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Anaerobic digestion of agricultural manure and slurry

Anaerobic digestion of agricultural manure and slurry


Anaerobic Digestion (AD) is a process which harnesses natural bacteria to treat
biodegradable materials such as agricultural manure and slurry, food waste and sewage
sludge. The AD process produces a methane rich biogas which can be captured and
used to generate electricity and heat and the digestate residue can be beneficially
applied to farmland as fertiliser or as a soil conditioner. We support the use of AD as a
means of diverting biodegradable wastes from landfill, recovering value from them and
reducing greenhouse gas emissions.

This note updates and replaces our briefing note issued in December 2008, following
changes introduced by the Environmental Permitting (England & Wales) Regulations
2010. It sets out how we will apply waste regulatory controls to the AD of agricultural
manure and slurry and the use of the resulting digestate as a fertiliser on agricultural land
in England and Wales.

Our position
Agricultural manure and slurry is not considered waste when it is used directly as a
fertiliser on land. When agricultural manure or slurry is destined for a treatment process
for example composting or AD, it is waste and will be subject to regulatory control.

When the feedstock to an AD plant is waste the resulting digestate and biogas are waste
until put to their final use. We have taken a different approach for agricultural manure
and slurry because we recognise that the digestate produced from manure and slurry
has improved fertilising properties and will have less of an environmental impact than
undigested manure and slurry.

We do not consider the AD digestate output to be waste if:
• the only waste feedstock to an AD plant is agricultural manure and slurry and it is
spread as a fertiliser on agricultural land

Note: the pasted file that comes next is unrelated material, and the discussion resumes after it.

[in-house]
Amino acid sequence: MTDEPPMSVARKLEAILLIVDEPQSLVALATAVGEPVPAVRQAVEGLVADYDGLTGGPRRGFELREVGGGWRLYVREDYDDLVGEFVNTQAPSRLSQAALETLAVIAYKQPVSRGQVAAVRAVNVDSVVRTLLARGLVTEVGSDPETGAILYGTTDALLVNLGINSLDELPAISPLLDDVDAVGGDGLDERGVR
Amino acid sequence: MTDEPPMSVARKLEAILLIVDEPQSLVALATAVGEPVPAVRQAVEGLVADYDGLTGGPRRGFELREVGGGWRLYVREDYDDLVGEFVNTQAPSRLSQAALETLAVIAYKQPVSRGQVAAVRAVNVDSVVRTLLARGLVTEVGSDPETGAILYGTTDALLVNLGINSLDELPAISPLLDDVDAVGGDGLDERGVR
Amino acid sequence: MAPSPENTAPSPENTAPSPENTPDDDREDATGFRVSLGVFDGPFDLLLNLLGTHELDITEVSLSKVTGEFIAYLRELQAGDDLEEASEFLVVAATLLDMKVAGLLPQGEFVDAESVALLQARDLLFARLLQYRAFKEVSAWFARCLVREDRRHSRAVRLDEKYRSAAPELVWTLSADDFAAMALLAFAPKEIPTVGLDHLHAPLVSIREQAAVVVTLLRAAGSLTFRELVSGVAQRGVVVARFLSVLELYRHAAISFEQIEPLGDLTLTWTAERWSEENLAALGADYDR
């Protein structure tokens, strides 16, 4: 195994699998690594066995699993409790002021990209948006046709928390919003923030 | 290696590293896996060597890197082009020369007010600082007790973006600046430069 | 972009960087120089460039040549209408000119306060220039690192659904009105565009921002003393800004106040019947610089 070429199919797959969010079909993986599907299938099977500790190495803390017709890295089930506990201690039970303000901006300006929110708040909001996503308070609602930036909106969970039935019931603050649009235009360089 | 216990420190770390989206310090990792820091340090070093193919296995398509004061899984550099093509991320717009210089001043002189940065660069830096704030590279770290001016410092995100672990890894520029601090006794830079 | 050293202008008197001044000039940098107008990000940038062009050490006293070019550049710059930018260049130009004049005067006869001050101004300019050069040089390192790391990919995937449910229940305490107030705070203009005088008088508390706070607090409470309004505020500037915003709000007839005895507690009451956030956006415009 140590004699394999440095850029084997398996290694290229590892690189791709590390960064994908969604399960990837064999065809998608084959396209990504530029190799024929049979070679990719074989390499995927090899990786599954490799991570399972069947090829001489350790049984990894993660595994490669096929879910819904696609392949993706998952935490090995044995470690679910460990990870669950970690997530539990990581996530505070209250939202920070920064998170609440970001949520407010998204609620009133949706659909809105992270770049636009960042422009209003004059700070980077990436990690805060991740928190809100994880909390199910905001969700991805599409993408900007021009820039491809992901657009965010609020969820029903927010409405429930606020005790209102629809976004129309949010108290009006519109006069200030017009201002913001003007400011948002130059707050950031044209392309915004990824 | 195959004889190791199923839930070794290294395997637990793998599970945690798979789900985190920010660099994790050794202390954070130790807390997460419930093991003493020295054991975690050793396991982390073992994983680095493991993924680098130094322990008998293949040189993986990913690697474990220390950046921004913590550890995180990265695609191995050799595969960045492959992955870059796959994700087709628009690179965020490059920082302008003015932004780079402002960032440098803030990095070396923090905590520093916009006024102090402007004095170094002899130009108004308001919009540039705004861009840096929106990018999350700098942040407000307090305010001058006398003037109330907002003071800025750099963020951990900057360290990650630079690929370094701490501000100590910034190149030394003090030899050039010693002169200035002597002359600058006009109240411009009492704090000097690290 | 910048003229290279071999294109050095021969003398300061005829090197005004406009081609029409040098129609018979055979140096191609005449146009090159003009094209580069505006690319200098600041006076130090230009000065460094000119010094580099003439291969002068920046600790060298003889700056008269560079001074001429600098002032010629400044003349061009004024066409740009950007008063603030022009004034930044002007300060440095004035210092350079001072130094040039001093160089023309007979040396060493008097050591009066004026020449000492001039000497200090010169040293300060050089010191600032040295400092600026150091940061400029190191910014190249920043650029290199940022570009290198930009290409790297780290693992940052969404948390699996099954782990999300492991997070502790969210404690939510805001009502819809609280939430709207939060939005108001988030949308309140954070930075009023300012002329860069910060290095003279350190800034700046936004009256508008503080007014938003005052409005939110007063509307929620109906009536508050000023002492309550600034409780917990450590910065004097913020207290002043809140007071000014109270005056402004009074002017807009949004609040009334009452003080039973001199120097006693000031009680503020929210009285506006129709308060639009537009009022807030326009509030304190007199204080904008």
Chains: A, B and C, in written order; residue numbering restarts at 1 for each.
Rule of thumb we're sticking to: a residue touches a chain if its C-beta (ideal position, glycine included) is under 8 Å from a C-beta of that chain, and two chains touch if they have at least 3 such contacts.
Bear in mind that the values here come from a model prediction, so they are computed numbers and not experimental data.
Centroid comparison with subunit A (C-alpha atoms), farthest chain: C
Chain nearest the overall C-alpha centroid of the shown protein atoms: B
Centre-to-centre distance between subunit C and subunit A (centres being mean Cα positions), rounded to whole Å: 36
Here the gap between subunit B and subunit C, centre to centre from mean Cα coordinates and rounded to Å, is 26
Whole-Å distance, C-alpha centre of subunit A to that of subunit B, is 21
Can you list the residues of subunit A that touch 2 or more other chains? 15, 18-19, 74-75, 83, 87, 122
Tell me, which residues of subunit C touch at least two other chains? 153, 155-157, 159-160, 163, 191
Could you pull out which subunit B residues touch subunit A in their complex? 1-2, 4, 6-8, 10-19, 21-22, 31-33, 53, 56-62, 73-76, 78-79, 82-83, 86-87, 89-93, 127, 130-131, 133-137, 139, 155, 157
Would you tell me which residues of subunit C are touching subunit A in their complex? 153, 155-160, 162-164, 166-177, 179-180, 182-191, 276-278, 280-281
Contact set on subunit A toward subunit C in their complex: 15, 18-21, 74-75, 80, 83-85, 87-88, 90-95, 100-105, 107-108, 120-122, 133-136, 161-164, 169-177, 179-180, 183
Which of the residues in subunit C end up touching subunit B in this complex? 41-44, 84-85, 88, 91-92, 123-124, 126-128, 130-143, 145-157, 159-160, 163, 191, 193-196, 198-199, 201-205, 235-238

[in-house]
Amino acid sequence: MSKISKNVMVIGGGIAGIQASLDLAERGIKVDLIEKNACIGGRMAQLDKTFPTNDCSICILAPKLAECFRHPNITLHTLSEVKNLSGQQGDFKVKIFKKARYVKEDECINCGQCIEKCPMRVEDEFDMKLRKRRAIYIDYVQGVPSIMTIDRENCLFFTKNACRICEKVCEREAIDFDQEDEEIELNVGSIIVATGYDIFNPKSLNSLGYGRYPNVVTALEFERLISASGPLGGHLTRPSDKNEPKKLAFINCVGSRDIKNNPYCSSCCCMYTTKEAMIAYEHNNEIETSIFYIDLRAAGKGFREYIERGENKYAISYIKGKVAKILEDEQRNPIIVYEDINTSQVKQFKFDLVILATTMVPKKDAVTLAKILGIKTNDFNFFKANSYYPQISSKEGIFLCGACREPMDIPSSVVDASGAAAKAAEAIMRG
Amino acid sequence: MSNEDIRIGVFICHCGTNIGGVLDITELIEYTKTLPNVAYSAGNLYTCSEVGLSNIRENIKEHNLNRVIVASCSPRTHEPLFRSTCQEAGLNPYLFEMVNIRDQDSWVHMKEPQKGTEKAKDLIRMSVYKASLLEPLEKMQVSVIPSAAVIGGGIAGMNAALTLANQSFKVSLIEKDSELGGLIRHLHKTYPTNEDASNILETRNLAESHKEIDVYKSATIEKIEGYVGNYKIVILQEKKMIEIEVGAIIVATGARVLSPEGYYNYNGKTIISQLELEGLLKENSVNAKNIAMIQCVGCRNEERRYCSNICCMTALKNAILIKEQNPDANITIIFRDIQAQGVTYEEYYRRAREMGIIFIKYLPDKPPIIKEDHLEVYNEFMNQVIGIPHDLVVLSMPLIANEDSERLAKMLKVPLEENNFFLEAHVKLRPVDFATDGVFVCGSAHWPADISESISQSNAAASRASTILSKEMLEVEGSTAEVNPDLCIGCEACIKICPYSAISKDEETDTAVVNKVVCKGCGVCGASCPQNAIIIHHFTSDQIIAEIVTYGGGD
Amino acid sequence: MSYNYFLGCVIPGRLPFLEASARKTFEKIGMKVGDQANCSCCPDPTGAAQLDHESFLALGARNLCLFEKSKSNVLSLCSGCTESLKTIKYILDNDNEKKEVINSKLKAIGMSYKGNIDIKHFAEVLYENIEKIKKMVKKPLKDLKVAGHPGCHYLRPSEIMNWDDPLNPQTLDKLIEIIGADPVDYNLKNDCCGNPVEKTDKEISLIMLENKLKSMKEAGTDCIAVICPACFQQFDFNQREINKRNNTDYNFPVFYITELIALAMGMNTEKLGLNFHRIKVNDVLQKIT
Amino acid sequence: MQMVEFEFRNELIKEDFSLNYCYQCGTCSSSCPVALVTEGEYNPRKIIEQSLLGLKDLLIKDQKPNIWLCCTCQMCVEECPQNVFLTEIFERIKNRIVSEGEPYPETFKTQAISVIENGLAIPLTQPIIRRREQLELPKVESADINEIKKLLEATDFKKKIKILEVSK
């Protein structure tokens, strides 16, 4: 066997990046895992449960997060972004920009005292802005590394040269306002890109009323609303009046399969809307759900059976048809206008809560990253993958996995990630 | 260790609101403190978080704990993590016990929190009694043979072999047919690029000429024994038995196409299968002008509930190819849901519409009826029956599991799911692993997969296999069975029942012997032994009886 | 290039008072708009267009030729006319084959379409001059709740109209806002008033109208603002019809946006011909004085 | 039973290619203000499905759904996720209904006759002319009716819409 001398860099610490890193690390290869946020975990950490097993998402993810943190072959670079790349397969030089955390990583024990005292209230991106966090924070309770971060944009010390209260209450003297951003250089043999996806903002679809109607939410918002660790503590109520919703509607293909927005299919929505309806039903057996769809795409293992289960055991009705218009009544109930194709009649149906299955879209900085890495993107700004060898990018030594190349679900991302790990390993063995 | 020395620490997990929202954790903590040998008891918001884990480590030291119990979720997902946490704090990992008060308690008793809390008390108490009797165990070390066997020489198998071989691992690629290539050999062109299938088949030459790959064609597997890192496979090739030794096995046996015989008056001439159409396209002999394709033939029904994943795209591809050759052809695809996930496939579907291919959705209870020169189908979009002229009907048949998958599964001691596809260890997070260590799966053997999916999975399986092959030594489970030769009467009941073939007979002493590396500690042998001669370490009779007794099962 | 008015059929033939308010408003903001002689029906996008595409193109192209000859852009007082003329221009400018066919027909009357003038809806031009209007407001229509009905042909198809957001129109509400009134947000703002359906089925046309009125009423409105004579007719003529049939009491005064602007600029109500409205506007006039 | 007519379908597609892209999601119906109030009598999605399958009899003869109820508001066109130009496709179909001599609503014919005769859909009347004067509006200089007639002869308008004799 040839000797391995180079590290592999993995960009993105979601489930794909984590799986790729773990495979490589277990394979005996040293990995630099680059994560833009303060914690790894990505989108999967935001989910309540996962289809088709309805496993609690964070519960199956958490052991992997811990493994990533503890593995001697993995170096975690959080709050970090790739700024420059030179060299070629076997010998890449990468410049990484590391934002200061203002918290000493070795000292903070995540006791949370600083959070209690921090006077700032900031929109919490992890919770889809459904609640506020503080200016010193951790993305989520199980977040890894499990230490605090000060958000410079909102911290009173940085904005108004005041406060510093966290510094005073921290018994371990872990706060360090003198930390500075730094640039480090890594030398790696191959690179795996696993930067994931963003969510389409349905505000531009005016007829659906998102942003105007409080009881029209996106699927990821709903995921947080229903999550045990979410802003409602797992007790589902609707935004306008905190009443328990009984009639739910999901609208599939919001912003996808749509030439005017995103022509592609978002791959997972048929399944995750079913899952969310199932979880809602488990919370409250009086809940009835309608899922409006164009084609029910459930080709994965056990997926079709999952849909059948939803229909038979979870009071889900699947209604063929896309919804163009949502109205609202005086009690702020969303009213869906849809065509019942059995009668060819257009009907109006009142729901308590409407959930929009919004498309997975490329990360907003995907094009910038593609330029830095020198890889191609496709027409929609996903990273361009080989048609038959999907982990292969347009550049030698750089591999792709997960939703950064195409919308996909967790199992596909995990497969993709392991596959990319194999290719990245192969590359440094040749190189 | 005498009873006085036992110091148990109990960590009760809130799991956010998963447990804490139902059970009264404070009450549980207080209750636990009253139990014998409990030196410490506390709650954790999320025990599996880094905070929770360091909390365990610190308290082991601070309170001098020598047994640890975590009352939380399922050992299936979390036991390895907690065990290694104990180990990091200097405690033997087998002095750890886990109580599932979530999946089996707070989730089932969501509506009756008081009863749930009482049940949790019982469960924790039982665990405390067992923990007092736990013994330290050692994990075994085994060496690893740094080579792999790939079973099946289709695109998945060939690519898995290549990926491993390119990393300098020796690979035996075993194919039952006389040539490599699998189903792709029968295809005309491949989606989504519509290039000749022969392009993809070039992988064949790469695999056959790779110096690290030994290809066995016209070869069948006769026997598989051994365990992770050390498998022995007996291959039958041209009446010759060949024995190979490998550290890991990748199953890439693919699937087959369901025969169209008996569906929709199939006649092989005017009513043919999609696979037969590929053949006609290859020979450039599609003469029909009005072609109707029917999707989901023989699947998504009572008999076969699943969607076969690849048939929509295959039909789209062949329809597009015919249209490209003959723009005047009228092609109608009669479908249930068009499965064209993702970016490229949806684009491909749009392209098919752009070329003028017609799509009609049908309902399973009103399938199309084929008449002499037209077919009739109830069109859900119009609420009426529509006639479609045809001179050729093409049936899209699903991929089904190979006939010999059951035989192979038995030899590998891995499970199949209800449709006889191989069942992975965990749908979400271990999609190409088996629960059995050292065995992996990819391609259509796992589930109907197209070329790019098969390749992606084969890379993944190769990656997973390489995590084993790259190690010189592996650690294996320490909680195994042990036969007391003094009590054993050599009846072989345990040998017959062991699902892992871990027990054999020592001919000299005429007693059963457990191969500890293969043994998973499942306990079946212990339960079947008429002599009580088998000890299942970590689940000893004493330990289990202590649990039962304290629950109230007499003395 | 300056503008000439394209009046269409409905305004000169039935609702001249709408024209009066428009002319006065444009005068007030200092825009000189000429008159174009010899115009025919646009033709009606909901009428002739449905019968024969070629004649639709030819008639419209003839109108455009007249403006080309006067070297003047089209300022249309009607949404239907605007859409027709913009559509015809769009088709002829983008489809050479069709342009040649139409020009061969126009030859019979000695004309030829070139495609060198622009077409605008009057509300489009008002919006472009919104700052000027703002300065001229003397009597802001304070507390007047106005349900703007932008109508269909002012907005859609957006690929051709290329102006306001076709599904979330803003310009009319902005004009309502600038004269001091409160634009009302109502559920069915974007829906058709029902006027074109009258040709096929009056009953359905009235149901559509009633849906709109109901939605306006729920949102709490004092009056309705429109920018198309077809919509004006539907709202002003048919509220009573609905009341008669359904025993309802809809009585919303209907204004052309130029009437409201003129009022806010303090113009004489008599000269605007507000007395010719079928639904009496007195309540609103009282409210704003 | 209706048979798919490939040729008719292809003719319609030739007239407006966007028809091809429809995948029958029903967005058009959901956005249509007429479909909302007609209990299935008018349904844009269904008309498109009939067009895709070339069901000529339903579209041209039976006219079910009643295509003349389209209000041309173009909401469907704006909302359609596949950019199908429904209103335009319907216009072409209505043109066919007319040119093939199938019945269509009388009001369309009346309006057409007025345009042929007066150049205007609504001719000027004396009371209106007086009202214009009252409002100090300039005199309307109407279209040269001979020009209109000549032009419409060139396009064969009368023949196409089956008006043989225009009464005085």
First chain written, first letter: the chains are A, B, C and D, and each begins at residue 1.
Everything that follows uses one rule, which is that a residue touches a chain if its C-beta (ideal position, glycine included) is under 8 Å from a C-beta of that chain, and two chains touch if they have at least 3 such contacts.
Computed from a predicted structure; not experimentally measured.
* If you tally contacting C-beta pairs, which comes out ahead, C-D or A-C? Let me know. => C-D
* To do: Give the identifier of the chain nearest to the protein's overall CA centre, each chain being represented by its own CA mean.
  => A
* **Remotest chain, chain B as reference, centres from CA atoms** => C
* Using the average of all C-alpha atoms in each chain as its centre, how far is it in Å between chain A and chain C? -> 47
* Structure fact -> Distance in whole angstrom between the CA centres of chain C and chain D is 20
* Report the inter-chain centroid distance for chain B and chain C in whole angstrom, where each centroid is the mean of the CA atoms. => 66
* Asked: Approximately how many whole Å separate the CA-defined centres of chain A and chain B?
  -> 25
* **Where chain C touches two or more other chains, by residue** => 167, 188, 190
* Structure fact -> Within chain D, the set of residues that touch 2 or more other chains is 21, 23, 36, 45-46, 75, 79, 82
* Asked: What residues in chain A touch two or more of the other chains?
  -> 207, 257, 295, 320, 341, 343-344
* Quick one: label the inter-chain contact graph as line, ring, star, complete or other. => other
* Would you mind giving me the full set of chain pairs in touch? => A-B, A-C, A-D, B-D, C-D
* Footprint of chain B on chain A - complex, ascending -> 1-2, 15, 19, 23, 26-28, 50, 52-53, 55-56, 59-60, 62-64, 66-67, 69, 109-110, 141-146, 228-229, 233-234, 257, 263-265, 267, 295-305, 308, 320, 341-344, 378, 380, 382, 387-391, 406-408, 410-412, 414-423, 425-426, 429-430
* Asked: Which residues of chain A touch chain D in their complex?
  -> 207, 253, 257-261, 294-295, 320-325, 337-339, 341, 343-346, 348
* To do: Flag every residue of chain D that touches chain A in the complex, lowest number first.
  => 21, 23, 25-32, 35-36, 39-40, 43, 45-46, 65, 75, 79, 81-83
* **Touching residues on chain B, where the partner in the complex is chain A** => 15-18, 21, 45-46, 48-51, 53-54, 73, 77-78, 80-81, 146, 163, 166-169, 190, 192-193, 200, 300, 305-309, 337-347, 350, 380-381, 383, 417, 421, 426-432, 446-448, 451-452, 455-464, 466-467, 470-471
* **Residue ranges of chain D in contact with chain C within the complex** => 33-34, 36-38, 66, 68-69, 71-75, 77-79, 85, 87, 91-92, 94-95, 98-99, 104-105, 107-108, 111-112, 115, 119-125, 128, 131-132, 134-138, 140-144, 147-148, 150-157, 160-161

• agricultural manure and slurry is mixed with a non-waste feedstock e.g. crops
grown specifically for AD and it is spread as a fertiliser on agricultural land.

If the manure and slurry feedstock is mixed with other waste feedstocks, then the
resultant digestate will be waste and subject to environmental permitting controls.

The joint Environment Agency/WRAP1 Waste Protocols Project has developed a Quality
Protocol for anaerobic digestate. This defines the point at which waste may become a
non-waste material and can used without the need for any waste regulation controls.
Digestate produced from waste feedstock in accordance with the protocol can be spread
to land as a fertiliser without the need for either an environmental permit or waste
exemption. Further information about the protocol can be found on the our website.

The biogas produced from the anaerobic digestion of manure and slurry is a waste and is
subject to environmental permitting controls.

Biomethane produced from the AD of waste which is used as transport fuel or injected
into the gas network is currently under consideration by the Waste Protocols Project. We
have produced a regulatory position statement for the regulation of materials being
considered for development of an end of waste protocol.

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